Using Psychology to Make Good Decisions

3 Personality and Human Development / Page 3.20 Conclusion


What did you learn about psychology and development this week, and how can it contribute to your self and social awareness and problem solving skills?

Using Psychology to Make Good Decisions

You can use what you’ve learned about personality and development to make decisions and solve problems. Consider how you might respond to an older co-worker when she repeatedly asks for help with a seemingly simple computer task. You can use Piaget’s concepts to understand that your co-worker is struggling to accommodate, or adjust, her existing schemas to the new technology. You can use the Big Five traits to recognize that she is conscientious but also easily frustrated; because she wants to do the task perfectly, you will have to be patient.

This is where your self and social awareness can support your ability to solve problems. You can also use your knowledge about memory and brain plasticity to be confident that although your co-worker may take longer to complete the task, her brain is more than capable of learning new information and adapting her schemas. In this sense, understanding the personalities and tendencies of others can help you make the best decisions, which is a key part of your problem solving skill.

Quick Chapter Review

In this chapter, you learned about personality traits as well as physical, cognitive, and social development over the life span. You also connected these ideas to the two skills in this course: self and social awareness and problem solving. This chapter built on the foundations established in Chapter 2, further discussing how biological changes influence psychological development. Let’s take a few minutes to review the key concepts from this week:

Developmental psychology focuses on three major issues or debates about how change occurs: nature and nurture, continuity and stages, and stability and change. Jean Piaget identified stages of cognitive development that described how children use increasingly sophisticated schemas, or mental categories and strategies, to understand their world. When we encounter new information, Piaget said we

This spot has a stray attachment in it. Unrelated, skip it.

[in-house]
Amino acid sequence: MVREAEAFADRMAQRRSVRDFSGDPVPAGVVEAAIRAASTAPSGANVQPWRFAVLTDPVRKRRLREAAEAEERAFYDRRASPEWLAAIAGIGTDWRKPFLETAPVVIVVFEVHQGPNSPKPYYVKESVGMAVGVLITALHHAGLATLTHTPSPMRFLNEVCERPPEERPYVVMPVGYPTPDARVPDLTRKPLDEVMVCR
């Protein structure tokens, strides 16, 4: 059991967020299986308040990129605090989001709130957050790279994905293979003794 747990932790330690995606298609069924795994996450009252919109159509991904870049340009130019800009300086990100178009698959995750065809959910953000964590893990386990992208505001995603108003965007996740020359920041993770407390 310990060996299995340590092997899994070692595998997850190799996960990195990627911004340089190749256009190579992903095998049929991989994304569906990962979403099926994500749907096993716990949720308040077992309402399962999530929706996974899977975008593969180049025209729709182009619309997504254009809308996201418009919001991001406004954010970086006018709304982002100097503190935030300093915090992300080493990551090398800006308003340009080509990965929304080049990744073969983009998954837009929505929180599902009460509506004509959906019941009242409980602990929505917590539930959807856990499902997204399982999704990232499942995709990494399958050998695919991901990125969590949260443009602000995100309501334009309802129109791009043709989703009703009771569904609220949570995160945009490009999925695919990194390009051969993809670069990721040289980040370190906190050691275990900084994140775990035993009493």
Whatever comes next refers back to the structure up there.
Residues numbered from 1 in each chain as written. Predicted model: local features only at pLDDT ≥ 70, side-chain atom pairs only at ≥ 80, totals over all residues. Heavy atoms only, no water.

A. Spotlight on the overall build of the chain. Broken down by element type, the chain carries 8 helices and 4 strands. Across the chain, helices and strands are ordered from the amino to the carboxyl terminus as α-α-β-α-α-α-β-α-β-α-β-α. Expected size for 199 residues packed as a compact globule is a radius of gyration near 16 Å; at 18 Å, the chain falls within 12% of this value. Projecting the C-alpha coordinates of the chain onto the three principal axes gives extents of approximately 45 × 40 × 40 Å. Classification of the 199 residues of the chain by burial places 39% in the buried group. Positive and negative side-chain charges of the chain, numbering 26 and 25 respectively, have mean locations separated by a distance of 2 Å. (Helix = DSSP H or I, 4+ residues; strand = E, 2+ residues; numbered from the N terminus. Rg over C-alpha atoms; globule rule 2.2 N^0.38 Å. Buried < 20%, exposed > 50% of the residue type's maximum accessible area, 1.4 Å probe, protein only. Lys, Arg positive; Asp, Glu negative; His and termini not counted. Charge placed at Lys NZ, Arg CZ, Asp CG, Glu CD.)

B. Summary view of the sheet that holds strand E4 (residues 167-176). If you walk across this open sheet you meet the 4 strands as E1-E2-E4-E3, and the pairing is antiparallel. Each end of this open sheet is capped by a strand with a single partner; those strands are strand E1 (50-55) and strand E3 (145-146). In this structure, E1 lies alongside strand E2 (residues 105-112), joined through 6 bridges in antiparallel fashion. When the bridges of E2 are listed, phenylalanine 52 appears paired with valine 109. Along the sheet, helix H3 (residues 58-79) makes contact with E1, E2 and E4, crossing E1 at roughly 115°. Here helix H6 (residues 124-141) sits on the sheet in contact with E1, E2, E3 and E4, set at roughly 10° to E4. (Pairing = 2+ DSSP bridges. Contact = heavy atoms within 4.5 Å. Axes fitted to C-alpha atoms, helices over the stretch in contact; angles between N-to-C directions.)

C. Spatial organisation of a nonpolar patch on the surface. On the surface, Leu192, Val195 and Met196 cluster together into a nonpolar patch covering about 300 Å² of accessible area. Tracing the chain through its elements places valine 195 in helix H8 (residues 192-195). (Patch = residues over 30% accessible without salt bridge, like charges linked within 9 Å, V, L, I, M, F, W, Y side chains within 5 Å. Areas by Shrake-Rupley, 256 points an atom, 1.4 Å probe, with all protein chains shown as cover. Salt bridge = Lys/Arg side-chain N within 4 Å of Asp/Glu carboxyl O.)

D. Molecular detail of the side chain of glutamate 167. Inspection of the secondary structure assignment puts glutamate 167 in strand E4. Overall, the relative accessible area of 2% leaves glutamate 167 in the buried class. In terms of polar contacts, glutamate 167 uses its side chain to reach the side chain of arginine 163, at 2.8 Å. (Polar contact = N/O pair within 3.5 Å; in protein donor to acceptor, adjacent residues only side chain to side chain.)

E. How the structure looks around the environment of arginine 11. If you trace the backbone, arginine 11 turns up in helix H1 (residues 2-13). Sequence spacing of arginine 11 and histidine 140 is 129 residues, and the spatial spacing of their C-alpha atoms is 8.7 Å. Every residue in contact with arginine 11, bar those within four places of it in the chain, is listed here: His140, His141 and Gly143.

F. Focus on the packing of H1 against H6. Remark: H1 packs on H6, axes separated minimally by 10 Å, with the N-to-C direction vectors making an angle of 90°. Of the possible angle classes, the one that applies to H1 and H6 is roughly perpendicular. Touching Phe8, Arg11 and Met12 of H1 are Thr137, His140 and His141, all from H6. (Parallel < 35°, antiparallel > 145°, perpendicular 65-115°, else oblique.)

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either assimilate the new information into our existing schemas, or we accommodate our schemas to account for the new information. The areas of the brain responsible for rational decision making are still developing in adolescence. This ongoing development explains some of the characteristically impulsive behavior of teenagers. As adults age, they continue to develop, form relationships, and adjust to physical changes and challenges. As complex as personality seems, psychologists have narrowed personality down to five basic traits: openness to new experience, conscientiousness, extraversion, agreeableness, and neuroticism. Social-cognitive theory describes how people’s behavior and decisions result from a complex reciprocal interaction between their biological factors (such as traits or brain development) and social context (such as the environment). Behavior, biology, and context each influence and are influenced by one another.

In sum, understanding development and personality traits—both your own and those of others—will almost always help you expand your self and social awareness.

Coming Up: Memory

As you have seen, your development and personality clearly influence your ability to solve problems and make wise decisions. But your memory and related mental processes also play a role. Next week, you’ll examine how your minds process and store different types of memories, how you forget things, and how you can develop strategies to improve your memory.

You’ve reached the end of Chapter 3. Before moving on, take a break and reflect on what you’ve learned here. When you’re ready, use the Table of Contents menu in the upper left corner of this screen to select the chapter you want to view next. close

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